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Flying with a child with autism – Making Travel Less Stressful!

THIS POST MAY CONTAIN AFFILIATE LINKS. PLEASE READ MY DISCLOSURE FOR MORE INFO.

Flying with a child with Autism

When traveling with an autistic child, there is a ton of factors and steps to take.   Therefore, many families choose to drive so they have more control over the situation.  For some trips flying, is the better or only option. So, what is a parent to do?  Looking for autism friendly flights can seem like an overwhelming task and making the flight more predictable can be hard if you’ve also never flown before!   In this guide, we are going to go over some great ways to make flying with a child with autism easier.

First Steps to Flying with an Autistic Child

When it comes to making the unknown more predictable, it’s all about planning!  Start preparing your child for the trip two-three weeks in advance.  This way you can practice “what if” scenarios, read social stories about air travel, or even learn more about the planes themselves.

Making the flight less of an “unknown” situation will take a lot of their anxiety away.  This will help your child create a dialogue and be more willing to ask questions.

Traveling on a plane can be difficult for autistic children & it can be completely overwhelming! Check out these tips for flying with a child with autism.  #travelingwithautism #traveltips #autismsupport #autismacceptance #WingsforAutism

It all starts before you walk in the door, Parking!

When it comes to flying with a child with autism, parking garages can be a nightmare! Here’s a cardinal rule of most flight hubs – the larger the airport, the more difficult it’ll be to find a parking spot close to your terminal.  

Low ceilings, tons of cars, echoing voices and cars sound, all quickly equal up to sensory overload.  In order to help reduce the risk of a meltdown, a great option is using a valet service. 

Valet services are great because they will pick your car up from the terminal, allowing you head straight for the check-in desk.   Looking for a valet service at a US airport?  Check out Looking4.com valet service.

Scheduling

One things that makes things so much easier for autistic children is the use of visual schedules. By having pictures of what will happen, children can see what will happen and when. These are really easy to make by just printing up pictures of each spot.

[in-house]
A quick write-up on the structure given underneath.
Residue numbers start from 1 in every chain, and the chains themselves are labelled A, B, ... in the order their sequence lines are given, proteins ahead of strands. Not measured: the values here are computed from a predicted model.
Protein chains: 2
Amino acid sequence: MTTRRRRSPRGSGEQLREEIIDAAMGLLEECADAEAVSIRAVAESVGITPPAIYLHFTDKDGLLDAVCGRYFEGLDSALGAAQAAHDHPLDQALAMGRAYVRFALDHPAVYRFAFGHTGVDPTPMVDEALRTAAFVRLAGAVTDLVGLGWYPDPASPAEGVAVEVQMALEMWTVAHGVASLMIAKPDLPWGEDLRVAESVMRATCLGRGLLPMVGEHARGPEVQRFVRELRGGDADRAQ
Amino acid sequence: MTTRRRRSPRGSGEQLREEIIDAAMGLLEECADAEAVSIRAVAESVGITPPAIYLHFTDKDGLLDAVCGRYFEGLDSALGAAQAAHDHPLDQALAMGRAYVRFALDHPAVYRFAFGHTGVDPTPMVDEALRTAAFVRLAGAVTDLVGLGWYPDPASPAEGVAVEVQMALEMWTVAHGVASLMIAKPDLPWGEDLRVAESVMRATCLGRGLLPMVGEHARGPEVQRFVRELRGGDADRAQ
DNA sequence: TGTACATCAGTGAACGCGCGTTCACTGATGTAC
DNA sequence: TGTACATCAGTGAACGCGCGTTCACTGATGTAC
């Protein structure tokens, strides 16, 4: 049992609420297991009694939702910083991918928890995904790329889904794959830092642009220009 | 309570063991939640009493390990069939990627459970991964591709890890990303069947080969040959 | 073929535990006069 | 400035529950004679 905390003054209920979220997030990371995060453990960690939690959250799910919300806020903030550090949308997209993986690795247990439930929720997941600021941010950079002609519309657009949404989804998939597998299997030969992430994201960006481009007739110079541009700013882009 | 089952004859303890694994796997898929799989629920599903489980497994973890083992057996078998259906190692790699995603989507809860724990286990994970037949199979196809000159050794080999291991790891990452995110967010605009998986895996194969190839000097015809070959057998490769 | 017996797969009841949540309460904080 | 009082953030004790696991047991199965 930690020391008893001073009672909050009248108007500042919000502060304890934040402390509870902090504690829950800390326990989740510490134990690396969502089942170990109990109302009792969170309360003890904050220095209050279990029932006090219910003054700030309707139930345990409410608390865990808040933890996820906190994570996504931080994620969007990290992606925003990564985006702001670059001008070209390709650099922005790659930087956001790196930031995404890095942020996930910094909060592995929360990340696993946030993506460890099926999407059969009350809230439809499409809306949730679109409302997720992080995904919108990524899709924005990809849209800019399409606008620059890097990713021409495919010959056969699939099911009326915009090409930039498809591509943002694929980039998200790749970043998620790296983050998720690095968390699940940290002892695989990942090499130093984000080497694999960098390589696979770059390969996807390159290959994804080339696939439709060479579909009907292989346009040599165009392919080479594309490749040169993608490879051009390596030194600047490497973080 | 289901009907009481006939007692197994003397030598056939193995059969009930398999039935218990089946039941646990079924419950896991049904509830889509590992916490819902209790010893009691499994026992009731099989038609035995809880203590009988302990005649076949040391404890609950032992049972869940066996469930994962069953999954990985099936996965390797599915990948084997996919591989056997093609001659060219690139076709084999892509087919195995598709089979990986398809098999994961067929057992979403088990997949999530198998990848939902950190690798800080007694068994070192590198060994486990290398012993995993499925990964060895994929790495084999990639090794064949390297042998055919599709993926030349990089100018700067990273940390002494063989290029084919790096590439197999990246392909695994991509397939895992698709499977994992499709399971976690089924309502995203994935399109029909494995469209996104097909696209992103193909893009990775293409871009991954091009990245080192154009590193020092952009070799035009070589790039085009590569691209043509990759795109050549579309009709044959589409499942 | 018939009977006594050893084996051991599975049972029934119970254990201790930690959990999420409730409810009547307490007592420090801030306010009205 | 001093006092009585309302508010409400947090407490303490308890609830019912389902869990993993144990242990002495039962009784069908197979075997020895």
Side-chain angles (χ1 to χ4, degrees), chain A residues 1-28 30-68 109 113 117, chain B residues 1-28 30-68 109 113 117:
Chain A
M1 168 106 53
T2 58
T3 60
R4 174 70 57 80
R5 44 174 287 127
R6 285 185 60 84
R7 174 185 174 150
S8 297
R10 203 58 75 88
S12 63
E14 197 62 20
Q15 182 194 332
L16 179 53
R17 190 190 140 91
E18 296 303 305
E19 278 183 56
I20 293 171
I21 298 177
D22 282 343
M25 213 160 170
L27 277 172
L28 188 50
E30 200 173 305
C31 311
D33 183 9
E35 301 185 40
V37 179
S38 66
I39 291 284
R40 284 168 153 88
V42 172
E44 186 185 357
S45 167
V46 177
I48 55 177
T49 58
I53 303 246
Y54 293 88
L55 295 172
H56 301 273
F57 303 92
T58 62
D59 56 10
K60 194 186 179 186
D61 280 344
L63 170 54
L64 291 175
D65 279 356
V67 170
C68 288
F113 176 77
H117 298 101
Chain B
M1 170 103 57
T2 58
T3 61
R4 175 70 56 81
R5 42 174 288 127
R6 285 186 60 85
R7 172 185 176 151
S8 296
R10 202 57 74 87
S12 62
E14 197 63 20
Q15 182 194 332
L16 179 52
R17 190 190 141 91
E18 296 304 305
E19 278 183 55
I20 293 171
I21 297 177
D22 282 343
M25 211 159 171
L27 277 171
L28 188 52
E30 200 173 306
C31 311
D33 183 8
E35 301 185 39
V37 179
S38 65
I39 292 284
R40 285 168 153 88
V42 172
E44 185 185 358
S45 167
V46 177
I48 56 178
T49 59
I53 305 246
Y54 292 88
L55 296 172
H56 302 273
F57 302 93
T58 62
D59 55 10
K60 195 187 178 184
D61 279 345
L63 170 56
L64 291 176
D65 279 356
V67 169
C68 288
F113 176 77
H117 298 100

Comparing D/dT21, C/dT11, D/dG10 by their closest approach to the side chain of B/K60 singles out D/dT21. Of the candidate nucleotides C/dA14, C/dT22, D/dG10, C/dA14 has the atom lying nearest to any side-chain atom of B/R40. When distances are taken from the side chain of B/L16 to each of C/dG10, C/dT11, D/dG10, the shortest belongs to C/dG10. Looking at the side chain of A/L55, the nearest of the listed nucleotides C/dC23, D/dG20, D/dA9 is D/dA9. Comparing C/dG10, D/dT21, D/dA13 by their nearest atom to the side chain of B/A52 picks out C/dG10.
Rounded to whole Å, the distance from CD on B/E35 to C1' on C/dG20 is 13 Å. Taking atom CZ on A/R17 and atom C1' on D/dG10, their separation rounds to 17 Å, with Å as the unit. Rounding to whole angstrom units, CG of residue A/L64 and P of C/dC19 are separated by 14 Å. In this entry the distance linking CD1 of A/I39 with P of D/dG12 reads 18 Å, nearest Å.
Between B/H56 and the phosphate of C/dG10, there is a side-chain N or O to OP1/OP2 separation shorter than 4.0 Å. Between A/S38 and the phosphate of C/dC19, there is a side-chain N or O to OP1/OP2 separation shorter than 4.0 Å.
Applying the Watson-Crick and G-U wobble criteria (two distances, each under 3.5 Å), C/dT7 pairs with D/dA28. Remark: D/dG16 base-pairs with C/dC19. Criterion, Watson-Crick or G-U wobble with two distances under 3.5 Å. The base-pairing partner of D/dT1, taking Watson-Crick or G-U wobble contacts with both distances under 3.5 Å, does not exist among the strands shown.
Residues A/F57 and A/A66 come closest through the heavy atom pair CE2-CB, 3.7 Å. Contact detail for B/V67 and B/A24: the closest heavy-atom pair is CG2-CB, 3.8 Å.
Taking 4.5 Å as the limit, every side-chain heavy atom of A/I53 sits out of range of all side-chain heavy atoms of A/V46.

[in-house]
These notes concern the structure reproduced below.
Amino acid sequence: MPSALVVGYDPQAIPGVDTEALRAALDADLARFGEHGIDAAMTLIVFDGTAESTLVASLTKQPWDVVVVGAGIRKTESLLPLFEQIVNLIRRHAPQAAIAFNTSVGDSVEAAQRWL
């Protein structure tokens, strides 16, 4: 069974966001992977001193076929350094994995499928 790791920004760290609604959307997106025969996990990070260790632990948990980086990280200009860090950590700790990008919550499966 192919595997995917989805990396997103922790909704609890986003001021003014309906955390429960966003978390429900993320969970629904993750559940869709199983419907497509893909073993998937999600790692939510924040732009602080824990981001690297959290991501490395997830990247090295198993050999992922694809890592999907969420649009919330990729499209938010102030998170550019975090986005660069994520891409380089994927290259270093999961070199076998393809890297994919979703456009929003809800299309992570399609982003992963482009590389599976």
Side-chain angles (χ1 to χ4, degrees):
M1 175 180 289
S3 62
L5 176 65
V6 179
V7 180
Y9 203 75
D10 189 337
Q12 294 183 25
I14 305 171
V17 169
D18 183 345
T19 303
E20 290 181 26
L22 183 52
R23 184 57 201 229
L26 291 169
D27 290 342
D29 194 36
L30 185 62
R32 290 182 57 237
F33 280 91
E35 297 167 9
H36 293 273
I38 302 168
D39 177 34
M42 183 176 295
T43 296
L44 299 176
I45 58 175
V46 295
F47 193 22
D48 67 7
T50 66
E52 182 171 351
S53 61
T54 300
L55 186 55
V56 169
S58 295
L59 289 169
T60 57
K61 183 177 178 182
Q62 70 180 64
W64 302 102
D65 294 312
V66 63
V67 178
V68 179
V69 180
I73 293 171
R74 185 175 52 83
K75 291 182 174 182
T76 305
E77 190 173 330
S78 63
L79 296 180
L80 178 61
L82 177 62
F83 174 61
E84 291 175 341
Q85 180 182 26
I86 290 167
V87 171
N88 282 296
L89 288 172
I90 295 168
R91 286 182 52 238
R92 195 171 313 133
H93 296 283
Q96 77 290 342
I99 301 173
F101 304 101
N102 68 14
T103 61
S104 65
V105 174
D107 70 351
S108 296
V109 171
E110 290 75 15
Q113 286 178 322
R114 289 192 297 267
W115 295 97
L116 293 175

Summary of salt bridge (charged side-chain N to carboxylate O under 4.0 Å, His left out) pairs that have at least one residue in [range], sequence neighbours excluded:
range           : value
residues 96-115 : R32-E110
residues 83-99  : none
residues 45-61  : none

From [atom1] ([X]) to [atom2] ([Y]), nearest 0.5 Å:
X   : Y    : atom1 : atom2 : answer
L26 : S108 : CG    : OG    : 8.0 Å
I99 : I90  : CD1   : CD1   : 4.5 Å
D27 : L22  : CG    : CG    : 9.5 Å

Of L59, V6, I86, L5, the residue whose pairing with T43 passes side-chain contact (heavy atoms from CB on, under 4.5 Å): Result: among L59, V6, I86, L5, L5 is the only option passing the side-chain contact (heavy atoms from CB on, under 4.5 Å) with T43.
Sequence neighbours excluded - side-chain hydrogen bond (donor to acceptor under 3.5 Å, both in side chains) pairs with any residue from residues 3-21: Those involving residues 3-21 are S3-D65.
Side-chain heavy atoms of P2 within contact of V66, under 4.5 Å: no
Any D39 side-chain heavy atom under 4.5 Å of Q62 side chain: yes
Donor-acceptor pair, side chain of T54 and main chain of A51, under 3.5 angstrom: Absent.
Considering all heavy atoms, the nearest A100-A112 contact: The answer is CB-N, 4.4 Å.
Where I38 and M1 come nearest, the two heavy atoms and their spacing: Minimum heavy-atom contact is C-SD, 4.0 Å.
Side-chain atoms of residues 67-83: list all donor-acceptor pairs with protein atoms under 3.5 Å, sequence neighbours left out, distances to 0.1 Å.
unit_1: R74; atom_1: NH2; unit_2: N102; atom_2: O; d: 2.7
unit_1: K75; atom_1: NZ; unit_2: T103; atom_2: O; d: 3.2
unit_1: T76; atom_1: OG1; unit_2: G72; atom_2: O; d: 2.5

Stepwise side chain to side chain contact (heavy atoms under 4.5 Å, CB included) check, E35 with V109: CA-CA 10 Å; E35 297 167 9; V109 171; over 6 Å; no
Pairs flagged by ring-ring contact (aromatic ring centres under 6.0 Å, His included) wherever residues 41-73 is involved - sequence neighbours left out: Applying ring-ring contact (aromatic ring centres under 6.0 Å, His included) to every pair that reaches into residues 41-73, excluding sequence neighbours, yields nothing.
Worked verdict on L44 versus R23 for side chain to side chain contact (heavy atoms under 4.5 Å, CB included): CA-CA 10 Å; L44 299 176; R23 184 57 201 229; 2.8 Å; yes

For older children, using an written schedule can work well to. Just knowing what comes next will make flying with an autistic child easier!

All About Timing

Though you can’t always pick an ideal flight time, it is best to choose one that your child will be less tired during.  Taking a child who is exhausted into a busy airport isn’t ideal and can lead to meltdowns.

When flying with a child with autism, make sure to give yourself enough time.  Arriving 30 minutes earlier than you normally allows for hiccups along the way.

Special Programs for Autistic Children

Flying with a child with autism is becoming slightly easier. Airports are becoming more accommodating to autistic individuals.  Many airports offer Autism Trained Specialists to work with your family. 

The major founder of these types of programs is The Arc- Wings for Autism Program. These “airport rehearsals” allow for walk throughs in advance, so your child can become familiar with the airport, procedures, and staff. 

On the Flight

Having some tiny activities in your carry-on bag can make the trip so much more bearable.  These can be a favored toy, coloring pages, a book or even sensory tools. 

Another big thing that can affect how flying with a child with autism goes is seating.  If you’re child prefers a certain seat, this would be an expense that would be well worth it.

After The Flight- Trip Planning

When it comes to planning a trip, its hard to know what places will work best for your child’s needs. That’s why we love the folks of at Autism on The Go. They help you find locations that are autism friendly to make your whole trip much more enjoyable.

Traveling with an Autistic Child

When it Comes to flying with a child with Autism, its all about planning.  Make sure to reach out your airport to see what services they offer.  Have other traveling tips?  Let us know in the comments below!

TheMomKind

Alicia Trautwein is an autism parenting coach living in Missouri. She is the creator behind The Mom Kind, a website dedicated to parenting neurodiverse families.  She is featured in the "Amazing Moms" coffee table book by Hogan Hilling & Dr. Elise Ho.  She shares her expertise along with her experience in parenting children, both with and without autism.

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